In a secondary world that draws on Korea under Japanese occupation, artist Jebi does everything they can to just keep going, to produce art. If this means becoming a citizen of the occupying nation and accepting the new world order, they’re fine with it—unlike their sister, the revolutionary, who hopes to see their colonizers overthrown. But Jebi takes a job working for the new government, because any job for an artist is a good one, and they believe this is the way forward, until they realize just what the art they are creating costs.
When they become friends with a mechanical dragon, a war machine with the heart of a pacifist, things get progressively more complicated, thrusting Jebi into the larger world they always tried to ignore. Come for the gorgeousness of magic paint, stay for the mechanical dragon, and then revisit for the themes of identity after colonization and the horrors of war.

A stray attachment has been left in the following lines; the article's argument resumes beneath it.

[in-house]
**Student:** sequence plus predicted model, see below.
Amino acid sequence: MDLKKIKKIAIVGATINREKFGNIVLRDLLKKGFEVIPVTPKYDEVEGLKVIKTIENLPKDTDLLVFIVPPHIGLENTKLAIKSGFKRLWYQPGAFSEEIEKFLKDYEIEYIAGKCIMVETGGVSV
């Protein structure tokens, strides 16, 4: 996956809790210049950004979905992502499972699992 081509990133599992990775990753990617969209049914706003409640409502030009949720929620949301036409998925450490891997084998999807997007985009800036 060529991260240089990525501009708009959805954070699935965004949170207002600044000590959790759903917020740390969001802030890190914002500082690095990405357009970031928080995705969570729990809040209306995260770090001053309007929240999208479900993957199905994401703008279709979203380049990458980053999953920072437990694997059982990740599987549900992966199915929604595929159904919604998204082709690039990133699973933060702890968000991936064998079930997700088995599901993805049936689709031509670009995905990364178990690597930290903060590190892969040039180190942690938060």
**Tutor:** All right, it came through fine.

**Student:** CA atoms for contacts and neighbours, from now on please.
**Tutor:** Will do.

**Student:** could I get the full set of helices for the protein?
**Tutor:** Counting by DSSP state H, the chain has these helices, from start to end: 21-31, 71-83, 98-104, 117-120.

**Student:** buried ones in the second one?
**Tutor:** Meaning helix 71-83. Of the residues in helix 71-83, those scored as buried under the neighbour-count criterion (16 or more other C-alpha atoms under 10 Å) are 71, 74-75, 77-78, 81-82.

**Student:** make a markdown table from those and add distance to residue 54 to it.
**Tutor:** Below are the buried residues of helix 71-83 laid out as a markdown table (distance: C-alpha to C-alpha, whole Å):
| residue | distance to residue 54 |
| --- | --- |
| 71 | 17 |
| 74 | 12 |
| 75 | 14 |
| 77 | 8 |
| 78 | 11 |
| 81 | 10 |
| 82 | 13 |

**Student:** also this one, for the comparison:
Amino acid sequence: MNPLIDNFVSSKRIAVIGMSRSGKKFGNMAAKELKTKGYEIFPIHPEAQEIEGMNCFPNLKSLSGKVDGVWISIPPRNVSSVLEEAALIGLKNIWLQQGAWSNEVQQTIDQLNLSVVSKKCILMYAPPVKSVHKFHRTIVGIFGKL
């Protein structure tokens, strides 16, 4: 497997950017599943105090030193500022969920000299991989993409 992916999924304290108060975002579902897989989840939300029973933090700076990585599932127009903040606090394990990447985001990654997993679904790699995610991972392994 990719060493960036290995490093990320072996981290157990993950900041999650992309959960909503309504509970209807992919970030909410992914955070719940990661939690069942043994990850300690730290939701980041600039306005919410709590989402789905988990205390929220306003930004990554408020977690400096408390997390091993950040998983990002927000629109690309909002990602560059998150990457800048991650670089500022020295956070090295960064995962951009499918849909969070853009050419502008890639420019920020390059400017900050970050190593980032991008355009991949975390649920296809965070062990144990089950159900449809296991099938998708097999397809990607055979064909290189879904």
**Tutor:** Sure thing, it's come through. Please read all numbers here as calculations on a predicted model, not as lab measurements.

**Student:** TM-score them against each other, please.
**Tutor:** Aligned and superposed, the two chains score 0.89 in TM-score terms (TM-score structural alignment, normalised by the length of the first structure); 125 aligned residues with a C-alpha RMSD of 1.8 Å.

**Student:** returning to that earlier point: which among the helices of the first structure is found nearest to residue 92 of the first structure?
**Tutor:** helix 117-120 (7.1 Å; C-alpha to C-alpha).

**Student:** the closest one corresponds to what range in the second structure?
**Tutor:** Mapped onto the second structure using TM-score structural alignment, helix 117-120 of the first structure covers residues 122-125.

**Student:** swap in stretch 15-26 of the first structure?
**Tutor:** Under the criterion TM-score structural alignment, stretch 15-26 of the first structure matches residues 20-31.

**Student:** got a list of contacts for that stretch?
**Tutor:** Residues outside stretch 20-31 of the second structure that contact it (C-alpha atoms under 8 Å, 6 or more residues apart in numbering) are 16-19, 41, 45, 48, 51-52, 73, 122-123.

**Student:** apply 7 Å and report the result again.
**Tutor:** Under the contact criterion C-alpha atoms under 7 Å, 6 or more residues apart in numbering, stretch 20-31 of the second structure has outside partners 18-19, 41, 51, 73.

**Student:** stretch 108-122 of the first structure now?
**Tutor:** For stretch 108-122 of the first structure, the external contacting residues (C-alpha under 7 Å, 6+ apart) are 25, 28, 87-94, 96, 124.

The Dragon’s Promise by Elizbeth Lim
In this 2022 YA fantasy, Elizabeth Lim continues the story begun in Six Crimson Cranes,
her loose retelling of Hans Christian Andersen’s “The Wild Swans,” but set in a world shaped by East Asian folklore. In the first book, Princess Shiori promised she would return a broken pearl to its rightful owner—which means traveling to the kingdom of dragons to keep her word. The Dragon’s Promise
takes Shiori to Ai’long, a dragon kingdom heavily based on the underwater land of dragons of Chinese folklore.
Shiori has more than just her promise to worry about, though; there are people who want to kill her because of the magic in her blood, so she must pose as a perfect princess, or find a way to change the world around her. In addition to the duology having their own strong story and romance, told in a fairy tale tone, there are also cameos of characters readers loved in Lim’s previous “Blood of Stars” duology.
Love in the Age of Dragons by Fatima Henson
Dragon stories don’t have to be set in worlds long ago and far away; in Henson’s post-apocalyptic 2022 YA novel Love in the Age of Dragons
, a wormhole allowed dragons from another planet to come through and turn Earth into ruins. Ayanna is the apprentice doctor under a mentor whose heart is failing. In order to get him the herbs he needs, she needs to venture aboveground, away from the safety of the human hidden complex and into the world the dragons have conquered.